Learning Compassion

Heart and Mind

I know I’m a nerd, but I can’t help but be fascinated by some of the brain science research being done today.  One studythat particularly intrigues me involved using a fMRI (functional magnetic resonance imaging) to measure the brain’s activity of Tibetan monks who were meditating on compassion.  Now, meditating on compassion is something Tibetan monks do a lot of.  Thousands of hours are spent focusing their mind on compassion.  Also monitored were an equal number of people who were only taught the practice of compassion meditation two weeks before the tests were conducted.

Without boring you about the details (you can read about the study by clicking here), the scientists conducting the study essentially found that the human brain can be taught to be happy, compassionate, and kind.  Regions of the brain associated with emotion and compassion become more active during meditation and heighten our responses to those who are in need.

But more importantly, prolonged meditation eventually changes the brain… much the same way prolonged exercise regimes change the body.  This is good news because it indicates that bullies prone to aggression and anger can learn kindness.  People prone to depression can learn happiness.  People who have been selfish can  learn compassion.

Whereas the scientists were surely excited to have the empirical evidence they needed to be able to write papers and speak at conventions, I’m sure the Tibetan monks who were the subjects of the tests just smiled a good-natured and somewhat patronizing smile because these learned men and women weren’t telling them anything they didn’t already know.  Spending hours and hours and hours meditating on loving-kindness makes you more loving and more kind.  Duh! (Okay… Tibetan monks probably don’t say “duh”.)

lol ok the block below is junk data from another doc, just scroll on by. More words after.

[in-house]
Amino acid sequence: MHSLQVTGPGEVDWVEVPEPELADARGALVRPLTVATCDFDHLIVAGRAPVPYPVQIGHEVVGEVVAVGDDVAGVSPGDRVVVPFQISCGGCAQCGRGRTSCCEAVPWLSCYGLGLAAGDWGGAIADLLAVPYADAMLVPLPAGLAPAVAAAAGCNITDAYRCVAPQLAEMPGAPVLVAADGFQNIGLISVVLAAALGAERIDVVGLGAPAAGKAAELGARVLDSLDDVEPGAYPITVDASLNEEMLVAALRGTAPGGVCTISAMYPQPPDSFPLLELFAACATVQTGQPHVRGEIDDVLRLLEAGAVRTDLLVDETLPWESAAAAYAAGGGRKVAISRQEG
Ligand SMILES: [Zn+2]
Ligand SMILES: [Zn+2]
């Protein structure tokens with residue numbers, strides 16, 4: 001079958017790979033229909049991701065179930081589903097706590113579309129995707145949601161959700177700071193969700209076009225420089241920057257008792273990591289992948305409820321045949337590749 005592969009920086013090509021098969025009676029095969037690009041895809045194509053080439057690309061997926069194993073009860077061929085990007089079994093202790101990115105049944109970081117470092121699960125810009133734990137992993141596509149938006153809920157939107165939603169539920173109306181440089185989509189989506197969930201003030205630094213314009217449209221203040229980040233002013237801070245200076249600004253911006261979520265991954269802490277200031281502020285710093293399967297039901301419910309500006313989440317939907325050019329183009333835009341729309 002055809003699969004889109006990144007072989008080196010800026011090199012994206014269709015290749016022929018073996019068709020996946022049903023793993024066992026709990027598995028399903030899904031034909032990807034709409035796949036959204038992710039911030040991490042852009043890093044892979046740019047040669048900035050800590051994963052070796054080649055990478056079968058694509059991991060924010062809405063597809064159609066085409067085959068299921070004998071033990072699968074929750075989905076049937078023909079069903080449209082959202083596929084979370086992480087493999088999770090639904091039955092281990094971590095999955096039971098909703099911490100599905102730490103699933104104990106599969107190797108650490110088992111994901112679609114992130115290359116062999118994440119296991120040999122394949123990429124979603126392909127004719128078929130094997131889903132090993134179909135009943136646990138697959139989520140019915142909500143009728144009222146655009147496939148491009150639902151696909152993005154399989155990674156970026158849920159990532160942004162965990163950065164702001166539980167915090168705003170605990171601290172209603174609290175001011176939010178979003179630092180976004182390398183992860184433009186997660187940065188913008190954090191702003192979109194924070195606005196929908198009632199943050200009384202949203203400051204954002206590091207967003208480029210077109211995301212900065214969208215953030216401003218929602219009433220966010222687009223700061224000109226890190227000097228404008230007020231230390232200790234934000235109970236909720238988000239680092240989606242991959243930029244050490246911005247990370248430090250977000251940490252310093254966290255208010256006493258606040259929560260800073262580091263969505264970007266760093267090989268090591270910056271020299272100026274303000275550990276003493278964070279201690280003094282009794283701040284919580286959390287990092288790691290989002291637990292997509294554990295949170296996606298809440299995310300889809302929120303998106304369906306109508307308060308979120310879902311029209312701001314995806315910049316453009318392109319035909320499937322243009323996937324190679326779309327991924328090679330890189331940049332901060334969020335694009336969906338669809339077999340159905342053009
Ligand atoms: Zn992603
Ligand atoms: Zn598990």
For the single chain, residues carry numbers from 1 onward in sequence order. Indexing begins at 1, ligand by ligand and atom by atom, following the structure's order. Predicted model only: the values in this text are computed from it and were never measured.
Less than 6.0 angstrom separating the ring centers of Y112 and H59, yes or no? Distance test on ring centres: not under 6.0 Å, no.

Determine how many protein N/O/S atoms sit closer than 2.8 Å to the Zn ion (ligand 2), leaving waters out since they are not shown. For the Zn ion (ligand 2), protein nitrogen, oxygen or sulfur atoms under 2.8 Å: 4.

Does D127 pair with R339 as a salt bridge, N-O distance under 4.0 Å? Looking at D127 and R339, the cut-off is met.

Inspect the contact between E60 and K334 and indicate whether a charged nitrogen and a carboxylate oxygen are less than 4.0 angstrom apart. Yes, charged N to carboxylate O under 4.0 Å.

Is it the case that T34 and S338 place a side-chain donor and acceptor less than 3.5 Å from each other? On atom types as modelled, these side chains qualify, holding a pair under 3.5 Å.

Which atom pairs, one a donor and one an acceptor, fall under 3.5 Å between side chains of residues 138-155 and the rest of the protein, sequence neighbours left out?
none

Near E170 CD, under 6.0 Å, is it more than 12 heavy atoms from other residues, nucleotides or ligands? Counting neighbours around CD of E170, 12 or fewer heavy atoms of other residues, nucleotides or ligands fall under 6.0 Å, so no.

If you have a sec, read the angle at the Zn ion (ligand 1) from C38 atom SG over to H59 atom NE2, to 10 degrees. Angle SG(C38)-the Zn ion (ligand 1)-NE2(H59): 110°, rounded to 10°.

Of course, these findings don’t just give Tibetan monks a bit of vindication in their practices… people of all faiths can smile and nod and say, “Yeah, we knew that.”

As a Christian, I am expected to pray.  As a Christian leader I am expected to pray a lot.  But as a minister, I am quick to tell people who use that cop-out phrase, “We just need to pray on it” that their prayer better not end with just a request being muttered from their mouths.  Prayer, true prayer, always leads to action.

Prayer is more than just rattling off  a laundry list of requests to God, we are expected to listen to what God has to say in return.  This means that even people who are uncomfortable with silence need to learn to sit in silence and let God speak to our hearts.  We need to be willing turn our minds to the things that reflect God.  Galatians 5:22-23 gives us a pretty nice, succinct list on those attributes: love, joy, peace, patience, kindness, goodness, faithfulness, gentleness, and self-control.

If our minds were constantly tuned into these qualities as the minds of Tibetan monks are constantly tuned into compassion, imagine how our minds would be changed.  And changing the way our brain thinks and processes daily information is just the beginning.  Our actions would begin to fall in line with our new way of thinking.  Our lives would begin to reflect the things that we are spending our time meditating on.  We would become those fruits of the Spirit.

So… when I say “prayer works”, I’m not just spouting off another bumper-sticker cliché, but I’m saying I really and truly believe that prayer works.  If we make the time in our daily lives to really sit in the presence of God and were willing to meditate on God, we would begin to take on that image of God that we have all been created in.

Creative Commons License
Appalachian Preacher by Rev. Amanda Gayle Reed is licensed under a Creative Commons Attribution 3.0 Unported License.

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